Amino Acids

, Volume 39, Issue 2, pp 471–480 | Cite as

Structural requirement for the agonist activity of the TLR2 ligand Pam2Cys

  • Weiguang ZengEmail author
  • Emily Eriksson
  • Brendon Chua
  • Lara Grollo
  • David C. JacksonEmail author
Original Article


Synthetic lipopeptides have demonstrated great potential as a vaccine strategy for eliciting cellular and humoral immunity. One of the most potent lipid moieties used is S-[2,3-bis(palmitoyloxy)propyl]cysteine (Pam2Cys). Pam2Cys binds to and activates dendritic cells by engagement of Toll like receptor 2 (TLR 2). In this study, we have investigated the structural requirement of the agonist activity of Pam2Cys by varying the three structural elements of the core structure S-(2,3-dihydroxypropyl)-cysteine namely (1) the α-amino group of the cysteine residue (2) the sulphur atom of the cysteine residue and (3) the 2,3-dihydroxypropyl moiety. Four novel analogues of Pam2Cys were made and each of these analogues were incorporated into vaccine constructs and examined for immunogenicity. Our results demonstrate that (1) the potency of the peptide vaccine is least affected by removal of the amino group (2) substitution of the sulphur atom with an amide bond leads to significant reduction of biological activity (3) removal of the amino group and at the same time substitution of the sulphur with an amide bond significantly decreases the biological activity (4) in the two analogues in which the sulphur atom is replaced with an amide bond the analogue containing the 1,3-dihydroxypropyl moiety demonstrates higher activity than the one which contains 2,3-dihydroxypropyl. In conclusion, the results demonstrate strict structural requirements for agonist activity of the TLR2 ligand Pam2Cys.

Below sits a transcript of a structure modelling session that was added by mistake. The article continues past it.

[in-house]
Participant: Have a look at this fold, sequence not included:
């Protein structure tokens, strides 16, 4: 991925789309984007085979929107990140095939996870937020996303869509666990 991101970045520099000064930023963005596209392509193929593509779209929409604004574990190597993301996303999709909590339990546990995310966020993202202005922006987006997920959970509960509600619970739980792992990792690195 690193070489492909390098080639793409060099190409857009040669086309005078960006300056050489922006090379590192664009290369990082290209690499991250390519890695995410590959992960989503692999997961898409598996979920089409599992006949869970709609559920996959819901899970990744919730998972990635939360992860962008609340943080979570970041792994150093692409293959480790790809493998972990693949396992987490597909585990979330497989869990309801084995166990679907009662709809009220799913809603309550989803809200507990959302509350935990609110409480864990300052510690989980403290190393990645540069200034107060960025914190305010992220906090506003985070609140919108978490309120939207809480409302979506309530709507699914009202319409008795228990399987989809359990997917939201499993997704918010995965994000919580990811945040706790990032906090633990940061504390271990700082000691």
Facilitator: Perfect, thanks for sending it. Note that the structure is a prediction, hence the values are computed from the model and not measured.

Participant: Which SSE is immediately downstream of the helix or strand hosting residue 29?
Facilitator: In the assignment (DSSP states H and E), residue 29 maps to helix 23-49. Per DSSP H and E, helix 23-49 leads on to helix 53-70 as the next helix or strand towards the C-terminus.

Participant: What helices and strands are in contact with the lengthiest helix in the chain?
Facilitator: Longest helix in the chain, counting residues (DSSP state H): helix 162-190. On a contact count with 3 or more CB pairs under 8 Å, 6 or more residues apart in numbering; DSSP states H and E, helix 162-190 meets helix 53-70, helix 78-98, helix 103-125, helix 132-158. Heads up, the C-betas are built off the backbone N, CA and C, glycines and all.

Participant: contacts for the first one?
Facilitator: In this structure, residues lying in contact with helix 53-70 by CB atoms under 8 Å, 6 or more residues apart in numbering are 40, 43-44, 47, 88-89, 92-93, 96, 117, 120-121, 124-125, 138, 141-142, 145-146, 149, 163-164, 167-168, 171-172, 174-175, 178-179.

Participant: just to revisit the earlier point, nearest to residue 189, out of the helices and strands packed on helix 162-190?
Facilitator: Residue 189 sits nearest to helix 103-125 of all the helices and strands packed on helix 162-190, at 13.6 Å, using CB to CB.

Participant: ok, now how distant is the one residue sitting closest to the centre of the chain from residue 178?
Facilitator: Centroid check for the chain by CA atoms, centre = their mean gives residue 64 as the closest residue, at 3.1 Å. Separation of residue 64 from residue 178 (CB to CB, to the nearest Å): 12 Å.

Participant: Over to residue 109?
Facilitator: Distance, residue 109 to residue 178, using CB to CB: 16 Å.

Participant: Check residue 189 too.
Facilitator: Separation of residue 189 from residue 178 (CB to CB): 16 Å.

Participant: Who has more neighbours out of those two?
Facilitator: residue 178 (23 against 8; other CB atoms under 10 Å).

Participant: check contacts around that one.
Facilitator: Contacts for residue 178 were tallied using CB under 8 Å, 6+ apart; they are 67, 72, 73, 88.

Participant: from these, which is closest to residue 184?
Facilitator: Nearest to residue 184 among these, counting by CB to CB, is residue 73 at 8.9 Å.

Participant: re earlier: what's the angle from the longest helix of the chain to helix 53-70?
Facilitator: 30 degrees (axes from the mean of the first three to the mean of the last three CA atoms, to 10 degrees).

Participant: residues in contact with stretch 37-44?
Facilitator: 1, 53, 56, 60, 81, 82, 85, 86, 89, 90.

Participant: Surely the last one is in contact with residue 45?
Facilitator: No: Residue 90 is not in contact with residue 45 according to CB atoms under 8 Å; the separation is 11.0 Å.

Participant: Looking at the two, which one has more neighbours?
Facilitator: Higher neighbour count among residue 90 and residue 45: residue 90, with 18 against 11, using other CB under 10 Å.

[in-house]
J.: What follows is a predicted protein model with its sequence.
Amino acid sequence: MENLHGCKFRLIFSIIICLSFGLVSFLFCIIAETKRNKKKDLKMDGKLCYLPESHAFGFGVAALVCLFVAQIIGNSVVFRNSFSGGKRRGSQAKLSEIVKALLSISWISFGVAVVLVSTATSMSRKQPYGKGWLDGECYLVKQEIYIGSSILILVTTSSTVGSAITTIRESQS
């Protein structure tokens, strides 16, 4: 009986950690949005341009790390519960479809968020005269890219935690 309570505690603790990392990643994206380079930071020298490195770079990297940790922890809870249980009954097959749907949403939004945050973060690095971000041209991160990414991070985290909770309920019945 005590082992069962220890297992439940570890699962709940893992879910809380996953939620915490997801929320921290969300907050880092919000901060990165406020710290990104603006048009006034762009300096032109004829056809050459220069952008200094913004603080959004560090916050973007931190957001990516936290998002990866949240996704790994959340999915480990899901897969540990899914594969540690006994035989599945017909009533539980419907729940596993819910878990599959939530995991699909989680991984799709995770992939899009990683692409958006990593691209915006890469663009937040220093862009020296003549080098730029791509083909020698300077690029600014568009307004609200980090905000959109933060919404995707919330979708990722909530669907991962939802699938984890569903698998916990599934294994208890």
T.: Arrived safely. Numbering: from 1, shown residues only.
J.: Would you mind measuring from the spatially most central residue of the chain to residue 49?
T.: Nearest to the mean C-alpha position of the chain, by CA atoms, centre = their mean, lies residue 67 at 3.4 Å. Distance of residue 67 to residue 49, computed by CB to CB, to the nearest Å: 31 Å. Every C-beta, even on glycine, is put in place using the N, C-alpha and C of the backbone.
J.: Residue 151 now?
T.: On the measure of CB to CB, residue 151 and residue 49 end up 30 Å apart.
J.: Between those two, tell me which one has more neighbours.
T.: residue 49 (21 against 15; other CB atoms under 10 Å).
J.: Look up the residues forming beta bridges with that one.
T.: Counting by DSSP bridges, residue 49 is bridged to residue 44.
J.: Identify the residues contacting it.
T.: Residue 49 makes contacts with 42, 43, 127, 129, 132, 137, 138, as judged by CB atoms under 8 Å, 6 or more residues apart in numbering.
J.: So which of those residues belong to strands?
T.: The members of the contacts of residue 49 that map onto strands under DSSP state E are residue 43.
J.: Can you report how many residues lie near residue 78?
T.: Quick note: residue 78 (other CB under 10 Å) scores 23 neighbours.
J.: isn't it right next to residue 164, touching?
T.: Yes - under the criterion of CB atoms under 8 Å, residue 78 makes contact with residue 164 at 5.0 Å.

Vaccine Peptide TLR2 Structure–activity relationship Lipopeptide 



This work was supported by grant from the National Health and Medical Research Council of Australia.


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Copyright information

© Springer-Verlag 2010

Authors and Affiliations

  1. 1.Department of Microbiology and ImmunologyThe University of MelbourneParkvilleAustralia

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